I did play Zelda, which was awesome. I mean I spent hours coming home and fulfilling the incredible, action-packed quest of Link. But in no way shape or form would I want to see a movie made out of that.

All this comes in the wake of an announcement of a movie based on Asteroids, which is only cool cause it was before the days of video game plot. Great movie material. A NYT column takes a pretty decent stab at what that will be like.

So all of this is not necessarily to chastise the industry as a whole, because decent movies are still being put out–hence the other posts I had on this subject. But it’s almost an insult to the movie going population to be offered famous video games repackaged into a two-hour excuse to blow some stuff up.

The only thing that would redeem this is if they can pull it off with a kind of postmodern feel to it, a fresh perspective on it that takes itself lightly. But then the people who are absolutely in love with WOW will uproar. Sorry, Mr. Raimi, but you might have picked a doomed project.

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Filed under Business, Culture wars, Hollywood, Jack Dodson, Media

One nation, under whoever or whatever the majority in the board of education decides

Kids are often compared to sponges, absorbing everything they see and experience then presumably, scrubbed against the backs of the geriatric or on a crusty plate. The key element of that absorbency is how there are no barriers to exactly what is taken in. Toss a sponge onto a puddle, and its response will be akin to the result of tossing it on some soda.

Likewise, throw a kid into a household where the air sags thick with slurs and profanity, and chances are they’ll carry the same air wherever they go, until on their deathbed, the nurse is so repulsed by the tumult of foul speech that she’ll cram soap in their mouth. Just as when kids are raised and surrounded by particular ideological doctrine, they’ll carry that train of thought until they’re old enough to wonder whether or not they should get off at each passing station.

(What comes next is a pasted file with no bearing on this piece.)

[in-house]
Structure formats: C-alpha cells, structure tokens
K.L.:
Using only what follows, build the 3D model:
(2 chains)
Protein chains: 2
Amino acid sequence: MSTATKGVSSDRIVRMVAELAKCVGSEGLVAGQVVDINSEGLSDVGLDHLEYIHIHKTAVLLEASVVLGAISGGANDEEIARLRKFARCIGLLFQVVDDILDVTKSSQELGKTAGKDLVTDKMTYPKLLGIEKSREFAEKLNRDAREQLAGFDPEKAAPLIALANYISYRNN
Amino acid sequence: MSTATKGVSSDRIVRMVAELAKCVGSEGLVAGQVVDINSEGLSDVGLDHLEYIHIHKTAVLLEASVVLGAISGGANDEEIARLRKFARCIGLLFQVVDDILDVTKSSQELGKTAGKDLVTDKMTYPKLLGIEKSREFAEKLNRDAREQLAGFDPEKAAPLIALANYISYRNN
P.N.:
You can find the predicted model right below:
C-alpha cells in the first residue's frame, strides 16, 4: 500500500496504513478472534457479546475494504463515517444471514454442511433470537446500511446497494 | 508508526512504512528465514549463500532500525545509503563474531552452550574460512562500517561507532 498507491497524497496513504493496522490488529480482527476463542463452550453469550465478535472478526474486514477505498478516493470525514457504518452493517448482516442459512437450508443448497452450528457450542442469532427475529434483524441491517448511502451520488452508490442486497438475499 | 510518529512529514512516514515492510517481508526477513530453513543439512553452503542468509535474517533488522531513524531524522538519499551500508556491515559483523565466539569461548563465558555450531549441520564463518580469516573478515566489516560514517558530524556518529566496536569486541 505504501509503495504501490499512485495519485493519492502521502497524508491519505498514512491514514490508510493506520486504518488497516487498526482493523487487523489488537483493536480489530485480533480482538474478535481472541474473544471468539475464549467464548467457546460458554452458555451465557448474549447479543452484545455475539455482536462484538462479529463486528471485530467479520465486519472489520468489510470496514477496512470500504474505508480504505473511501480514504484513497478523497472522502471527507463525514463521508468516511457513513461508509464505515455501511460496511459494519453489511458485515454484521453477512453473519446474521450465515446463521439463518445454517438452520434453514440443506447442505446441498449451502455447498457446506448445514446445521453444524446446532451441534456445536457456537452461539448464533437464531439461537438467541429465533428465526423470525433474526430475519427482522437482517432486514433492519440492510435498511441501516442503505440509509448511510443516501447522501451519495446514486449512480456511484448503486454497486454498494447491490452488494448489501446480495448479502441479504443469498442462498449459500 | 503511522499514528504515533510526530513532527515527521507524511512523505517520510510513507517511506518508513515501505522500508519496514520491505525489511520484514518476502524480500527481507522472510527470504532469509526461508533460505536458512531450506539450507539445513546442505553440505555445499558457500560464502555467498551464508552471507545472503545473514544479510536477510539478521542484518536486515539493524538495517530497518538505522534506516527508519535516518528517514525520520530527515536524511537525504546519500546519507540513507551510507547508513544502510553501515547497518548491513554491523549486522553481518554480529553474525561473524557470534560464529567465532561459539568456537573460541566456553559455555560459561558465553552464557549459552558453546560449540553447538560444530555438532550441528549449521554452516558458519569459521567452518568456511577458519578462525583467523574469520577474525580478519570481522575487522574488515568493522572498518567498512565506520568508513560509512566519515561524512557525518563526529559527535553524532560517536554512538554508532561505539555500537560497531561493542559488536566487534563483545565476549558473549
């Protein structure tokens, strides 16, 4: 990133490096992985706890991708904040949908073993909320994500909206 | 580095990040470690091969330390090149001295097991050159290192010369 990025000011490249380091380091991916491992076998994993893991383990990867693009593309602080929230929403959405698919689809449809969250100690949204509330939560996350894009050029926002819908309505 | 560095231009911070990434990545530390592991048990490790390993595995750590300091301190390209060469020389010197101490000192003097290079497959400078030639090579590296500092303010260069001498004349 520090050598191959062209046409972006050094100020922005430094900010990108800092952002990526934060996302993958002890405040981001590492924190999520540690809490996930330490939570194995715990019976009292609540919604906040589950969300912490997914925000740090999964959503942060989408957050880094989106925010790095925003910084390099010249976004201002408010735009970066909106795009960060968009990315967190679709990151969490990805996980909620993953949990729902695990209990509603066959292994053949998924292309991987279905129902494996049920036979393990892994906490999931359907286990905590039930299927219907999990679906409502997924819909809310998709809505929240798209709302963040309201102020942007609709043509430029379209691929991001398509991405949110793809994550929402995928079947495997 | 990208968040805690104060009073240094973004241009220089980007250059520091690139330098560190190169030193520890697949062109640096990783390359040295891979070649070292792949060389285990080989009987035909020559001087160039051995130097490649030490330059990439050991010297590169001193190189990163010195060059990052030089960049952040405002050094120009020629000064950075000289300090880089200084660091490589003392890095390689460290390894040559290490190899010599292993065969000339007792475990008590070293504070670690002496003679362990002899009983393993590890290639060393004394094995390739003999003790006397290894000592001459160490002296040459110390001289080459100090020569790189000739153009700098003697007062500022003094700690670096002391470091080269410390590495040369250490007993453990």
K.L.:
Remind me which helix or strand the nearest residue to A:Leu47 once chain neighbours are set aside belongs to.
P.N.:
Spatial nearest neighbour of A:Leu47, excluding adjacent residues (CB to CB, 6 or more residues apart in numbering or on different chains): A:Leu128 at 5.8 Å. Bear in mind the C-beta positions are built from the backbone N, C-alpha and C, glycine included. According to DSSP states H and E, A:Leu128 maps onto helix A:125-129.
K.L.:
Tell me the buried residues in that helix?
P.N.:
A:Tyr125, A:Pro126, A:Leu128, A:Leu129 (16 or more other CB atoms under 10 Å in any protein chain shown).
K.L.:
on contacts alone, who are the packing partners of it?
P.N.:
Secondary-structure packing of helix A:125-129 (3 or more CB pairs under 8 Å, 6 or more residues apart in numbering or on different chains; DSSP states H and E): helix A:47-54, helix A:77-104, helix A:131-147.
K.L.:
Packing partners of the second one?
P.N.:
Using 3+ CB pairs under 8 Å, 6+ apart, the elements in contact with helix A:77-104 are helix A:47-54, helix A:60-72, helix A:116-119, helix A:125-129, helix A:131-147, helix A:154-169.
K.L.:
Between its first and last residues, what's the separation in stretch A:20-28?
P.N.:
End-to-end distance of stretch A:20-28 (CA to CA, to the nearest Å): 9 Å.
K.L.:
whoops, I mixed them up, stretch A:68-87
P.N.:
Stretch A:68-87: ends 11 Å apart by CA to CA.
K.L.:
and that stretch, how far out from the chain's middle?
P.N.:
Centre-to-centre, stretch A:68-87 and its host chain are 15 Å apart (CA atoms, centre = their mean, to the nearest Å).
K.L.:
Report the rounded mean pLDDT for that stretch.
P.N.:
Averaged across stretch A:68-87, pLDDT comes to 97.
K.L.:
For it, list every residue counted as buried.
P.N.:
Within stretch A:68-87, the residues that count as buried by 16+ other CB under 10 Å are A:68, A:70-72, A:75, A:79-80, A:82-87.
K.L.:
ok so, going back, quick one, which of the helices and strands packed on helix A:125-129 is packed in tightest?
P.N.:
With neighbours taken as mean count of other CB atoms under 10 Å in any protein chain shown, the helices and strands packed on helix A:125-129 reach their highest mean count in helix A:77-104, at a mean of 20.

Look at how cute my kid is! He certainly is a big fan of the Republican party, and in no way am I tackily enforcing my own beliefs upon him. No sir. He even voted for Dole!

Look at how cute my kid is! He certainly is a big fan of the Republican party, and in no way am I tackily enforcing my own beliefs upon him. No sir. He even voted for Dole!

But kids aren’t treated like the sponges they’re often compared to, they’re not tossed indiscriminately into seas of knowledge, instead they’re coddled, sheltered and in many cases, methods by which to perpetuate particular systems of belief. They’re to be taught to believe what their elders believe, to reach conclusions not by their own deductions, but by the assumptions of those in power. Masters of particular ideologies feel such an incredible compulsion to in essence, brainwash the young, because if they can’t persuade the most impressionable, what does that say for their own intellectual validity? A charade caught by the most gullible of citizens isn’t likely to fool most of the masses.

That’s not to say that there’s anything wrong with parents and other figures of power trying to instill their beliefs upon the younger generations. How else is a society expected to perpetuate if the youth are left while still in the nest? But there’s something a bit sickening when figures who already have their own pulpits decide to encroach upon the domain of others when educating the young, and who seek to monopolize the way in which history, the most underrated of all of education’s pillars, is told.

Case in point, the oncoming struggle of Texas’ educational curriculum, in particular, the tone of the historical lessons. It’s the classic example of the traditional academic hierarchy facing off against the religious right over the various subtleties of historical lessons.

Be warned, this goes on for a while…

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Weekly Mixup

It has Pat Buchanan's seal of approval, what else could you want in a mix?

It has Pat Buchanan's seal of approval, what else could you want in a mix?